In some ways, public health is like that annoying kid who is always asking: “Why?” Why did this person become sick? Why did they die? It’s a bit like peeling an onion — there is always another layer to the story, another reason why.
Every year, we get a list of the leading causes of death, which is not that different between men and women. The leading causes in Canada in 2013 were cancer (30 per cent), heart disease (20 per cent), stroke (five per cent), chronic lung disease, unintentional injuries, diabetes, influenza and pneumonia, and Alzheimer’s disease. Between them, they accounted for almost three-quarters of all deaths.
But what lies behind these numbers — what are the “causes of the causes,” and for that matter, the causes of the causes of the causes? What is left out or overlooked? How complete is the picture we are given? What are we not being told?
We can think about several levels of cause of death. The first, which is what these standard statistics show us, are the clinical diagnoses. But even here there are challenges.
For example, why do we separate heart disease from stroke, when both are forms of vascular disease? And why do we cluster cancers together when it is widely understood that there are many different forms of cancer, with many different causes?
The second level is the behaviours that lie behind the clinical cause of death. Smoking, alcohol or drug use, physical inactivity, unhealthy eating, dangerous driving — the usual litany of unhealthy behaviours that governments and others like to scold us about and encourage us to change. Usually, these are framed as “lifestyle choices” and personal responsibility.
Yet these risk behaviours are embedded in and shaped by the third level of causes — our family, school, workplace and community environments, which shape and might constrain us socially and physically. We are also shaped by our built environments, where we spend the vast majority of our time and where we are car-dependent and inactive, and largely separated from nature. And we are influenced as well by our community’s social and cultural norms; some religious communities, for example, reject childhood immunization.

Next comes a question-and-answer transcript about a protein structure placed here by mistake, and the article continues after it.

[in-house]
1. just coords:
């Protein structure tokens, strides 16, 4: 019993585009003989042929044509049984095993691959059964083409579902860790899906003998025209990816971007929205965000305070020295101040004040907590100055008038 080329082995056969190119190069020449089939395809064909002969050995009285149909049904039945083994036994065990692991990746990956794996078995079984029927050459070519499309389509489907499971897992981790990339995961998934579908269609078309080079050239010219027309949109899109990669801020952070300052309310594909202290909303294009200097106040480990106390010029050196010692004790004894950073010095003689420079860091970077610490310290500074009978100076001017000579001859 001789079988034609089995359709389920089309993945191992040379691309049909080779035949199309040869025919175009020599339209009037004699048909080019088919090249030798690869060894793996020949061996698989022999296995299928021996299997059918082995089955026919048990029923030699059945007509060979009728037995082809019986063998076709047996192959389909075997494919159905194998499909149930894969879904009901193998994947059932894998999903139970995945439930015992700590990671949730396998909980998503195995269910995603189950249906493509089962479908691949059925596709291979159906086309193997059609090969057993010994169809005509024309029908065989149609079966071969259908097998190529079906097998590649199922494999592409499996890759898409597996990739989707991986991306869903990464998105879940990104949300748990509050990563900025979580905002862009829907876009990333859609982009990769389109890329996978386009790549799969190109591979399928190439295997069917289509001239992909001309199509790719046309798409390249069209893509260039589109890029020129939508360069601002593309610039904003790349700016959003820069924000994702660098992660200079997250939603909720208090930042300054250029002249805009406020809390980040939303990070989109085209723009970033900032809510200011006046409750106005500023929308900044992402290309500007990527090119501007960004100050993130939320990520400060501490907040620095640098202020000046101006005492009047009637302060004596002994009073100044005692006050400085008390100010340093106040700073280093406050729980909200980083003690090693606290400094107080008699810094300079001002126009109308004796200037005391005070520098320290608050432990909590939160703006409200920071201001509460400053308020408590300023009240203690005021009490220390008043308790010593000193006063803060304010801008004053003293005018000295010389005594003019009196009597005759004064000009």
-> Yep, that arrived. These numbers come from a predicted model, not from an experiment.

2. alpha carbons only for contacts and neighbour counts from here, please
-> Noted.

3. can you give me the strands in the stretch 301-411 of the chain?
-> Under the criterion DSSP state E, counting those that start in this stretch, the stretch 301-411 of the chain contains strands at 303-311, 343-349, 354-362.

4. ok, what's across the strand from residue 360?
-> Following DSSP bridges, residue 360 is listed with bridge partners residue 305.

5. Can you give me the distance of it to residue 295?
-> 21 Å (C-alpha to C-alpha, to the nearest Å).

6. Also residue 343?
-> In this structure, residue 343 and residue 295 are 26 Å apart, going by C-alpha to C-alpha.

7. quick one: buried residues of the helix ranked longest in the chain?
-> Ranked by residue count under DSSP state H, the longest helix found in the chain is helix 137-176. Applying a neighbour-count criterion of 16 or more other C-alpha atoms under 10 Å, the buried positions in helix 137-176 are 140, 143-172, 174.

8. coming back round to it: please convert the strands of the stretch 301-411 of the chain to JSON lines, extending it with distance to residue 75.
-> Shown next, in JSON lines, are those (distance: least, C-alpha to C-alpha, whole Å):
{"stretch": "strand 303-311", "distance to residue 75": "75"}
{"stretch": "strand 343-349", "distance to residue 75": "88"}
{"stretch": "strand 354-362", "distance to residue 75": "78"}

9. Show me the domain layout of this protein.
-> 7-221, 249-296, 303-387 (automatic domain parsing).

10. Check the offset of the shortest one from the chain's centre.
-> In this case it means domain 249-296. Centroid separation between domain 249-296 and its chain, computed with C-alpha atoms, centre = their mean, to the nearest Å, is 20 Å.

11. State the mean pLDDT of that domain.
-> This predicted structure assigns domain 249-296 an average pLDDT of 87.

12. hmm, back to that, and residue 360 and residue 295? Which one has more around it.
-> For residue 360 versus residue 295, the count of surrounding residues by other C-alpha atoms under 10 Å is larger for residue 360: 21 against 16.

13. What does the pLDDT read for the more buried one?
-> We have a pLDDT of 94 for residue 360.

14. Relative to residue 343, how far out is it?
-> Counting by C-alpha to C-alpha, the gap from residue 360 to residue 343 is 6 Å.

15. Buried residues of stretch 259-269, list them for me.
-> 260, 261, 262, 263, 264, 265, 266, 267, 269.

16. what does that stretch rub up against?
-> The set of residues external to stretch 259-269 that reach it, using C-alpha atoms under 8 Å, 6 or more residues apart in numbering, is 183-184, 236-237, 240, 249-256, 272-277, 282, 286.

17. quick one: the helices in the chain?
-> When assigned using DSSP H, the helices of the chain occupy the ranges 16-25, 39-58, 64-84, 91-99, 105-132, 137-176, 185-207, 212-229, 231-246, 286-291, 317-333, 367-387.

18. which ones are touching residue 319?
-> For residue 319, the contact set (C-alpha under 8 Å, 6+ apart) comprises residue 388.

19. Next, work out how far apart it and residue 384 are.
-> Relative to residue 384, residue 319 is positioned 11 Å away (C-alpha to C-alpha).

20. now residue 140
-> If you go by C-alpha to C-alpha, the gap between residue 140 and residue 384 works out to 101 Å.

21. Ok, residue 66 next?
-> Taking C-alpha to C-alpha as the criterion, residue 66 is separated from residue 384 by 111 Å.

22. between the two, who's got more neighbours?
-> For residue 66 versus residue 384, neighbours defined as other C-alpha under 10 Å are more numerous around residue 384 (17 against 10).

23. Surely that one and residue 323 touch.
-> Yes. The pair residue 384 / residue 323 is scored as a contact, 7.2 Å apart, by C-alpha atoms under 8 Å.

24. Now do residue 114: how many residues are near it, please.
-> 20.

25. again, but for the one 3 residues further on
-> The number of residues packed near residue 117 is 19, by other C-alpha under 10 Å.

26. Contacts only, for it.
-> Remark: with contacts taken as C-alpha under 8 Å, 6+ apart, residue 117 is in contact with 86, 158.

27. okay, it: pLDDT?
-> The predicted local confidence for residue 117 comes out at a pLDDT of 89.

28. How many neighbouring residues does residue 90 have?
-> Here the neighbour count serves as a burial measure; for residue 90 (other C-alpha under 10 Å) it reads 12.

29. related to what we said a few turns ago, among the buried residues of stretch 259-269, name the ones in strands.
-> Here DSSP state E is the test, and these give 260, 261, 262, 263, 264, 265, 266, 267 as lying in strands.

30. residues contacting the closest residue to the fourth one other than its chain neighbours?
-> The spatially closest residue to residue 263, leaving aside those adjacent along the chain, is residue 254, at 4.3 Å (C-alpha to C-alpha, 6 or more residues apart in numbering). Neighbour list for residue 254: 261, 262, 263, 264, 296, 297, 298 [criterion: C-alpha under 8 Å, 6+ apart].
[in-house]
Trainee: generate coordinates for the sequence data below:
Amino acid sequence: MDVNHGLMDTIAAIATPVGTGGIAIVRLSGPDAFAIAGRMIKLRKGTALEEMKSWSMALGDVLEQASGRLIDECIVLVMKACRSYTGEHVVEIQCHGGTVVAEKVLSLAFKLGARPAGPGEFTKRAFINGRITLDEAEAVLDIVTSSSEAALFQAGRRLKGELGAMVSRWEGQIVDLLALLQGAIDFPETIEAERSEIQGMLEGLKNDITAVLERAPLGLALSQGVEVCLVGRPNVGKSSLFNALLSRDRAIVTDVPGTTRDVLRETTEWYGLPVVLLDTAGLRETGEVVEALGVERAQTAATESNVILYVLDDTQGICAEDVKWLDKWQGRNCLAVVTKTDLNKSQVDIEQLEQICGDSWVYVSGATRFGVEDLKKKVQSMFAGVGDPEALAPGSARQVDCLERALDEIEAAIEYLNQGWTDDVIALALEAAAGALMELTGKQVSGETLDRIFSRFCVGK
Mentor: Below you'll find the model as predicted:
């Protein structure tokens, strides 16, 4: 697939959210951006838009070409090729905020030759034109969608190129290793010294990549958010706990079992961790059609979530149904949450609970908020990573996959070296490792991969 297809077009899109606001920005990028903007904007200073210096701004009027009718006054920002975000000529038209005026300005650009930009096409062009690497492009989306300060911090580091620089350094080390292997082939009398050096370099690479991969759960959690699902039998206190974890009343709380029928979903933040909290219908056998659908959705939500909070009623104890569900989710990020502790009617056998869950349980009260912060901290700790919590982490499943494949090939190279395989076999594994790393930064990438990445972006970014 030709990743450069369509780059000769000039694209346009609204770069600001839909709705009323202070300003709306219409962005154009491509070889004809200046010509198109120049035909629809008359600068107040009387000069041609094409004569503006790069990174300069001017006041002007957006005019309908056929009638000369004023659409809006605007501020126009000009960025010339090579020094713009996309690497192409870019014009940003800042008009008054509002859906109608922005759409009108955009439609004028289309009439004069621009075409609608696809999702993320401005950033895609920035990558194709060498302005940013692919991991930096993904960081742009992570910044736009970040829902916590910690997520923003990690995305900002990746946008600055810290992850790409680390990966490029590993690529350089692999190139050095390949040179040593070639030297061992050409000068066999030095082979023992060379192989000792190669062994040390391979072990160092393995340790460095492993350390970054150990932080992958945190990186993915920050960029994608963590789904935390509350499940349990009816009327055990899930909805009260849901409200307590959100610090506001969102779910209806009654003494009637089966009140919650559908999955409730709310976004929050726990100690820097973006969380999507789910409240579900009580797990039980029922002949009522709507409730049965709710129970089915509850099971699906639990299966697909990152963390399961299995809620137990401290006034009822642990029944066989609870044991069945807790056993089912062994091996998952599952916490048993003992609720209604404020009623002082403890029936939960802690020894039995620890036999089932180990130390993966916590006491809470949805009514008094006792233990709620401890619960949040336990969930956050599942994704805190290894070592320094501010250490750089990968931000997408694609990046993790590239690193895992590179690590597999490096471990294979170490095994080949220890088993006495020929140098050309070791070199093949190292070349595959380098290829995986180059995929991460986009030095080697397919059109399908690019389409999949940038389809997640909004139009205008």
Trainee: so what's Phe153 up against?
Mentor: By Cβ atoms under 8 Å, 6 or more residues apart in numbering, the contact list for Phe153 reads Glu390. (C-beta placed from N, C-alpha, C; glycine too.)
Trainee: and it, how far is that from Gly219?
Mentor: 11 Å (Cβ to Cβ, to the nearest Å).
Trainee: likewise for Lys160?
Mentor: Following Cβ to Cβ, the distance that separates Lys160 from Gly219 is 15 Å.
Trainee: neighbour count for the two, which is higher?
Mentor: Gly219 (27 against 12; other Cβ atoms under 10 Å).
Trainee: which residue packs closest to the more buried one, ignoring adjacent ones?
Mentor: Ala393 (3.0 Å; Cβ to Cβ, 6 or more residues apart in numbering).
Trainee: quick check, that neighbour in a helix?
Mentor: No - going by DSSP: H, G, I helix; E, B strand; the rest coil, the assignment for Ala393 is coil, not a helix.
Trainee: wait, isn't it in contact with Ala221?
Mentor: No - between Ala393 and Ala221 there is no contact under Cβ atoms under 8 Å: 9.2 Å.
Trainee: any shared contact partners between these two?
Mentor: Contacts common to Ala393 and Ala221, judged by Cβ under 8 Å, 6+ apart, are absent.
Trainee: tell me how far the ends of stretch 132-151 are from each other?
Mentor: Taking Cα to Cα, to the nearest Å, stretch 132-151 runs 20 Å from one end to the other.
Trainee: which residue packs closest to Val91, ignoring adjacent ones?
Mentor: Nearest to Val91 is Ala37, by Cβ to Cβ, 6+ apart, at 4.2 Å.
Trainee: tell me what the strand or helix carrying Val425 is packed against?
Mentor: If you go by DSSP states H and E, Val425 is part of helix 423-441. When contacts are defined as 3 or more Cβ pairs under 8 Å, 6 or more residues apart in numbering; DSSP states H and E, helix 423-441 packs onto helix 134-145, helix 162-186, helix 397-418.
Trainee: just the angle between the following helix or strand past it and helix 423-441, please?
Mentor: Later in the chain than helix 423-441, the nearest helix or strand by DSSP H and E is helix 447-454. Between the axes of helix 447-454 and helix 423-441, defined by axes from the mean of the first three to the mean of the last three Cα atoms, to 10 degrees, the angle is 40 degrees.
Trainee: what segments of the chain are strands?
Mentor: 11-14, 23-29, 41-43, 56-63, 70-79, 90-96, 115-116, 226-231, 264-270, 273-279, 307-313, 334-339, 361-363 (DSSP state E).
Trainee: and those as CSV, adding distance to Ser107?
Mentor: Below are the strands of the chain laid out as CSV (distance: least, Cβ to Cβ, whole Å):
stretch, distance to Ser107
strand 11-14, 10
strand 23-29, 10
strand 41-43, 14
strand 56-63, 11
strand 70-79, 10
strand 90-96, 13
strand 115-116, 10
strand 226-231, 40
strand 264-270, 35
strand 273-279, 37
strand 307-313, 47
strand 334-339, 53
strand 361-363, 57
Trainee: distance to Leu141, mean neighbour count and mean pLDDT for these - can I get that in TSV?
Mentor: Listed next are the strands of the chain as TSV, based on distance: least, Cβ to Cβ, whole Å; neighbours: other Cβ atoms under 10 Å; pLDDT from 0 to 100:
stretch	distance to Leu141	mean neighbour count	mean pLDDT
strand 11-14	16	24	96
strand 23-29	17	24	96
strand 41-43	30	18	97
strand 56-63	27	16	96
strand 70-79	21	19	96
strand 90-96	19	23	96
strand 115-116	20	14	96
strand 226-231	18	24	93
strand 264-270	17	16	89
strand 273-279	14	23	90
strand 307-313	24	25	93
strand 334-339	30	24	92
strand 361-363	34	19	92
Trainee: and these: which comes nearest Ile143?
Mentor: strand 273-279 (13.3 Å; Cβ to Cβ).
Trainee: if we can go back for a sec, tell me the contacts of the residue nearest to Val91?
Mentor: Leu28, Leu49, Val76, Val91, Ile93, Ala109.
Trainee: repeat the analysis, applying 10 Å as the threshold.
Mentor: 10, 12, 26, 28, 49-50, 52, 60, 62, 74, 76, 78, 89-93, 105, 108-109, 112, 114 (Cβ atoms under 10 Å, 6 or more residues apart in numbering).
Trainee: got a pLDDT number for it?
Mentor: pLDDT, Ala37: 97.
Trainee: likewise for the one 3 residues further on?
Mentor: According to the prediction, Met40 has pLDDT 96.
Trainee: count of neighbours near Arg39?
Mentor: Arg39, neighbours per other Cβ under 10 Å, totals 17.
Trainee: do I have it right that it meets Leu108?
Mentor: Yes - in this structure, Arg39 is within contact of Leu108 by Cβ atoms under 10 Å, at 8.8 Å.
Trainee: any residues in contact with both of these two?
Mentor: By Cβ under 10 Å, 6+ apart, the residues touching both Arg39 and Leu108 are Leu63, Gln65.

We are also subject to enormous commercial pressures in the shape of advertising, much of which encourages unhealthy behaviours (check out the food and drink ads, or the driving behaviour shown in most car ads these days), and we are buffeted by economic pressures that can lead to unemployment or low wages, debt, stress, and even hunger and homelessness.
Indeed, we have a mountain of evidence that poverty and poor education result in large inequalities in health and underlie many deaths. We can think of all of these as risk conditions or risk environments, which in turn facilitate and support risk behaviours. But none of these upstream causes of death appear in the official statistics, which means they don’t get the attention they deserve.
So it is the role of public health to raise these more profound and important questions and push for solutions at a community and societal level.
This can get complicated. Consider Mary, who died of a stroke: Why did she die? Because she had high blood pressure that was not detected or, if it was, was not well controlled, perhaps because she is a woman and lived in a rural or low-income community or on a reserve, where health care is less accessible. Or perhaps she could not afford the medication.
But why did she have high blood pressure in the first place? A genetic predisposition? Obesity? A high-salt diet? Canadian diets are much too salty, and the Canadian food industry has resisted efforts to regulate salt content. A stressful life and work situation? Some combination of all these, and more?
So what did Mary die of: A stroke? High blood pressure? A high-salt diet? A stress-filled life? Inadequate health care? Rural life? Poverty? Only the first of these will show up in the standard statistics, which tells us what someone died from — but not why.
Which is why public health keeps asking: “Why?” Because if we can understand why people get sick or injured or die, maybe we could prevent it from happening.
Dr. Trevor Hancock is a professor and senior scholar at the University of Victoria’s school of public health and social policy.